Flames Weekly offers a look at how the Calgary Flames performed in the previous week. It has been my pleasure to write about the boys in red during the 2021-22 season, give my take on the week that was and report which storylines and players took center stage.
This column will be back for the start of Calgary’s 2022-23 regular season, but until then, feel free to use the comment section below to let me know how you thought the team performed or post your questions.
This past week featured two critical games in the Battle of Alberta, and both went wrong for Calgary, frustrating a fanbase who will surely be asking themselves “what if?” for years to come. I’m not kidding around – just ask any diehard Flames fan about Game 6 of the 2004 Stanley Cup Final, and they’ll tell you it’s like a bad deja vu. A tough loss in Game 4 in Edmonton on Tuesday set up a do-or-die situation on Thursday night at the Scotiabank Saddledome, and the final result was a really hard pill to swallow.
Flames Comeback Comes up Short in Pivotal Game 4 Setback
Technically, Tuesday’s Game 4 of Calgary’s second-round series against the Edmonton Oilers wasn’t a must-win game, but it sure felt like one. Going down 3-1 would be a tough hole to dig out of, and the Flames didn’t do themselves any favours by giving up a goal just 21 seconds into the contest on a terrible giveaway by goaltender Jacob Markstrom.
The Oilers followed that up with two more goals in the first frame, from Zach Hyman and Evander Kane, to make it look like they would cruise to an easy victory in front of a boisterous crowd at a packed Rogers Centre. Then, a funny thing happened midway through the second period; the Flames decided to make it interesting with two goals in just 36 seconds. First, Elias Lindholm scored on the power play to get the visitors on the board, then Mikael Backlund went hard to the net to pot his fourth of the playoffs, setting up a wild final frame.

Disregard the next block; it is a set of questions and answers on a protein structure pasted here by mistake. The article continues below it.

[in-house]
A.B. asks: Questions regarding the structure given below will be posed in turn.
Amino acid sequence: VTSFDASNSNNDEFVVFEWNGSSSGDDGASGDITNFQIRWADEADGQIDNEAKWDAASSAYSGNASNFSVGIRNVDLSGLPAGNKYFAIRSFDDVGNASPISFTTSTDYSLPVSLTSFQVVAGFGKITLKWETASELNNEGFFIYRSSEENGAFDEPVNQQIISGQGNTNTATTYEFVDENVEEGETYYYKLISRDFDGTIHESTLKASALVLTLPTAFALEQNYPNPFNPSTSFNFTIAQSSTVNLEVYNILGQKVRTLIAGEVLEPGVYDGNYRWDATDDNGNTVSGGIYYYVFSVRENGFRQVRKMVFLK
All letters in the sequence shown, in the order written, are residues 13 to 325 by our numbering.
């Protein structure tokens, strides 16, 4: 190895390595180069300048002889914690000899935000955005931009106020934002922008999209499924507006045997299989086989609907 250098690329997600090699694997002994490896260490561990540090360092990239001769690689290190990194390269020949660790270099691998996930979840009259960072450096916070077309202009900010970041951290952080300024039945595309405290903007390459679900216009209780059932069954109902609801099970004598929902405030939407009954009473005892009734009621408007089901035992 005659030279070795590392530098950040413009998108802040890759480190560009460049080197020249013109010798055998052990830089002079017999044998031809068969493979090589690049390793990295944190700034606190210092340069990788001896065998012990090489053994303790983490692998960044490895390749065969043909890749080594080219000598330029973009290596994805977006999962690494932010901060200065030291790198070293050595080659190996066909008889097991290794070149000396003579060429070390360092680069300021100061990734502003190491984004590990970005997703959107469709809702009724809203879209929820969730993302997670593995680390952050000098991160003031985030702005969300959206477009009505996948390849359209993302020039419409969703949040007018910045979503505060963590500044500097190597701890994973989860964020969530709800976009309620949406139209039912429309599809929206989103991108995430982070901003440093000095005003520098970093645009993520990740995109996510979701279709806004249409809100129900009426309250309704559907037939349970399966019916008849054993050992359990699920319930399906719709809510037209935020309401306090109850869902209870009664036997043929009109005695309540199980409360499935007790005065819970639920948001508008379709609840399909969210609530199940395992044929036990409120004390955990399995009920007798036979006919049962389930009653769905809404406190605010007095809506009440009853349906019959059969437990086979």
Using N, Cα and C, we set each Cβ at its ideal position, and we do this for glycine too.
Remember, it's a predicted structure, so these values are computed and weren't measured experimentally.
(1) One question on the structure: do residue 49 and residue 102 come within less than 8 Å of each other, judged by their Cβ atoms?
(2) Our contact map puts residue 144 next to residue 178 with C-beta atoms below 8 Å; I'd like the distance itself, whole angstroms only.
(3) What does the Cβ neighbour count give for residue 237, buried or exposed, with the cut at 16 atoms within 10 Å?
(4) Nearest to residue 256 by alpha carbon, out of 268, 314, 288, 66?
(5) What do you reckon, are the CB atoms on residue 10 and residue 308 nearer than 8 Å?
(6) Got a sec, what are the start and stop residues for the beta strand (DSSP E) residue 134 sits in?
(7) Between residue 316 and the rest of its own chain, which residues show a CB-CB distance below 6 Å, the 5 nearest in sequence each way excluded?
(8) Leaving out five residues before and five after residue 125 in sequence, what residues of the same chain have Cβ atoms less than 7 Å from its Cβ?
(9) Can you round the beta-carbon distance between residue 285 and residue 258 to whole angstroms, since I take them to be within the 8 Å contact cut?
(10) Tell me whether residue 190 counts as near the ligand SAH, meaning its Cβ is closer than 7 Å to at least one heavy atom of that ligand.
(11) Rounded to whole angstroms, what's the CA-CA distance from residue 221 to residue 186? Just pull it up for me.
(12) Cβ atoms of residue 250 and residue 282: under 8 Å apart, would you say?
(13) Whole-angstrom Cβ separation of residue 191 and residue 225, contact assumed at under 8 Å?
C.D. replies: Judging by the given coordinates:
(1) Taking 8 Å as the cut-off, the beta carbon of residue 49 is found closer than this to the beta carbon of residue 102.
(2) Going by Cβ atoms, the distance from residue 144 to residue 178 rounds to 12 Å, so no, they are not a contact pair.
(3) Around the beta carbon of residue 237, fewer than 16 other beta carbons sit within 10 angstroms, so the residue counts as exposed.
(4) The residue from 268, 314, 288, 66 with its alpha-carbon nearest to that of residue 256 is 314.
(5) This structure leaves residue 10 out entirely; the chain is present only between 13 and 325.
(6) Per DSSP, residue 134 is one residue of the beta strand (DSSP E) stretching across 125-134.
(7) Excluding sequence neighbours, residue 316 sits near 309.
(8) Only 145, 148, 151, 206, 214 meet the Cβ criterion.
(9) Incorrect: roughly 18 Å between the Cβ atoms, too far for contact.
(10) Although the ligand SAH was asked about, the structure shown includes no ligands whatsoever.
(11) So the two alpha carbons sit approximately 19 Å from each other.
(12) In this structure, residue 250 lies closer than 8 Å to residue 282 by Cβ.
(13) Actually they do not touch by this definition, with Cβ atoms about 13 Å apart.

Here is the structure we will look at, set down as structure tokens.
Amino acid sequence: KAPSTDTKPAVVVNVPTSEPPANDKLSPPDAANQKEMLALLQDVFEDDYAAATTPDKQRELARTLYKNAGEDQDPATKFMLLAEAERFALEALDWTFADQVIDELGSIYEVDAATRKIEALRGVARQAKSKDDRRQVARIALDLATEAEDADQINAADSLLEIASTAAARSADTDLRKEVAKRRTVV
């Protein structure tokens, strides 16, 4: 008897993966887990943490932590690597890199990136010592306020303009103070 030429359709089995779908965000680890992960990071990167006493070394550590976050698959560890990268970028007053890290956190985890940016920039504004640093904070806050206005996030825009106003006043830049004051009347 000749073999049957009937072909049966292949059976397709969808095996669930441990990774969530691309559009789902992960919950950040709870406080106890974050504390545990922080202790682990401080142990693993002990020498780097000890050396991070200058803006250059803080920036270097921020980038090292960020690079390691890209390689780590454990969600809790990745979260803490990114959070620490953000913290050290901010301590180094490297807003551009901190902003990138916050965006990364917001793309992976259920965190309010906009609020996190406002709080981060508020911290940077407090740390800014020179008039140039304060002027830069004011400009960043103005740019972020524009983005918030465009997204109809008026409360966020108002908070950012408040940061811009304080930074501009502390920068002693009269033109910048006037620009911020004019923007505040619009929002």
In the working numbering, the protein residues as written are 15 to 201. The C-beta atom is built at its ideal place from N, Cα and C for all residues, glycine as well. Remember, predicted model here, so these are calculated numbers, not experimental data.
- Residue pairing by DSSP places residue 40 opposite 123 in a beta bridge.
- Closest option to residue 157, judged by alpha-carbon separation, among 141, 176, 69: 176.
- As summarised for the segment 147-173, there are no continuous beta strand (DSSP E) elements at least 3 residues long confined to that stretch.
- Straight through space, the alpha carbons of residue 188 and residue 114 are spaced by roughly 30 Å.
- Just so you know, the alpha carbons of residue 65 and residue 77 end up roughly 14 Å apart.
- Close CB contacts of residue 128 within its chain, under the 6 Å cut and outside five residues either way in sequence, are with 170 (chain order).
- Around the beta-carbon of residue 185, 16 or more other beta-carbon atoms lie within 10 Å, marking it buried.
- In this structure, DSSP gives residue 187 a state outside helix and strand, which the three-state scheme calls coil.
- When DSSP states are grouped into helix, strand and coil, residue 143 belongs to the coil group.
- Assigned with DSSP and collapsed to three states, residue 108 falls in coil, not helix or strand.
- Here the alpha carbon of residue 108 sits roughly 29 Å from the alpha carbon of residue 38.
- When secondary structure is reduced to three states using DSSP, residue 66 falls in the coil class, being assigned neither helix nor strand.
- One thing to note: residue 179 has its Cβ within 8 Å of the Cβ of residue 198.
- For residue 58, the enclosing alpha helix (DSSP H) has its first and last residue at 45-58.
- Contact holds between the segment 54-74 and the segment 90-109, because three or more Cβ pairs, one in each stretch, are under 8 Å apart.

Still down 3-2 halfway through the third period, the Flames got an absolute gift from the hockey gods after Rasmus Andersson scored a crazy one from a whopping 132 feet. The shorthanded snipe shocked everyone in the building and knotted the contest at 3-3 with nine minutes to go in regulation.
At this point, I was fairly certain the Flames had all of the momentum and would complete the comeback, but the Oilers showed some true grit by moving past the spectacular miscue and taking the lead with less than four minutes left on the clock. Ryan Nugent-Hopkins scored his second of the game to take the lead, while Kane iced it with an empty-netter. The 5-3 win gave Edmonton a commanding 3-1 series lead and set up an all-or-nothing Game 5 in Calgary on Thursday.
Wildly Entertaining Game 5 Loss Ends the Flames’ Season in Controversy
Heading into the elimination game, the Flames seemed surprisingly upbeat and confident they could extent the series and get it back to Edmonton for Game 6. After Andrew Mangiapane scored his third of the playoffs to give the home squad a 1-0 lead after the first period, Backlund continued his strong postseason performance with a beautiful tip-in to extend the lead early in the second frame.
That goal kicked off a bananas second period that saw six goals scored in under eight-and-a-half minutes. In fact, the two teams set an NHL playoff record for the fastest four goals scored, finding the twine four times in an incredible 1:11. The see-saw battle featured three straight goals from the Oilers before Johnny Gaudreau tied it up at 3-3, and Calle Jarnkrok finally notched his first marker as Flame just 16 seconds later to restore the one-goal advantage.
Related: The Failed Calle Jarnkrok Experiment
That lead lasted all of 40 seconds, as the Oilers’ Evan Bouchard tied up the back-and-forth contest at four a side with four minutes left in the second period, setting up a memorable final 20 minutes that will forever be etched in Flames fans’ minds – but for all of the wrong reasons. Late in the third period, Backlund charged the net, trying to beat Mike Smith, but as his shot trickled past the Edmonton netminder, Blake Coleman crashed the crease, hoping to direct the fluttering puck into the cage with his skate. The play sure looked like it gave the Flames a crucial 5-4 lead, but looks can be deceiving.
After review, the goal was called back, citing a “distinct kicking motion.” While everyone has his or her own opinion on the controversial no-goal, it seemed like there wasn’t enough evidence to overturn the call on the ice. I didn’t see anything deliberate in Coleman’s actions, and the ruling added fuel to the claim that the NHL “has it out” for the Flames, who had a potential Stanley Cup-winning goal by Martin Gélinas overlooked by the league in Game 6 of the 2004 Final.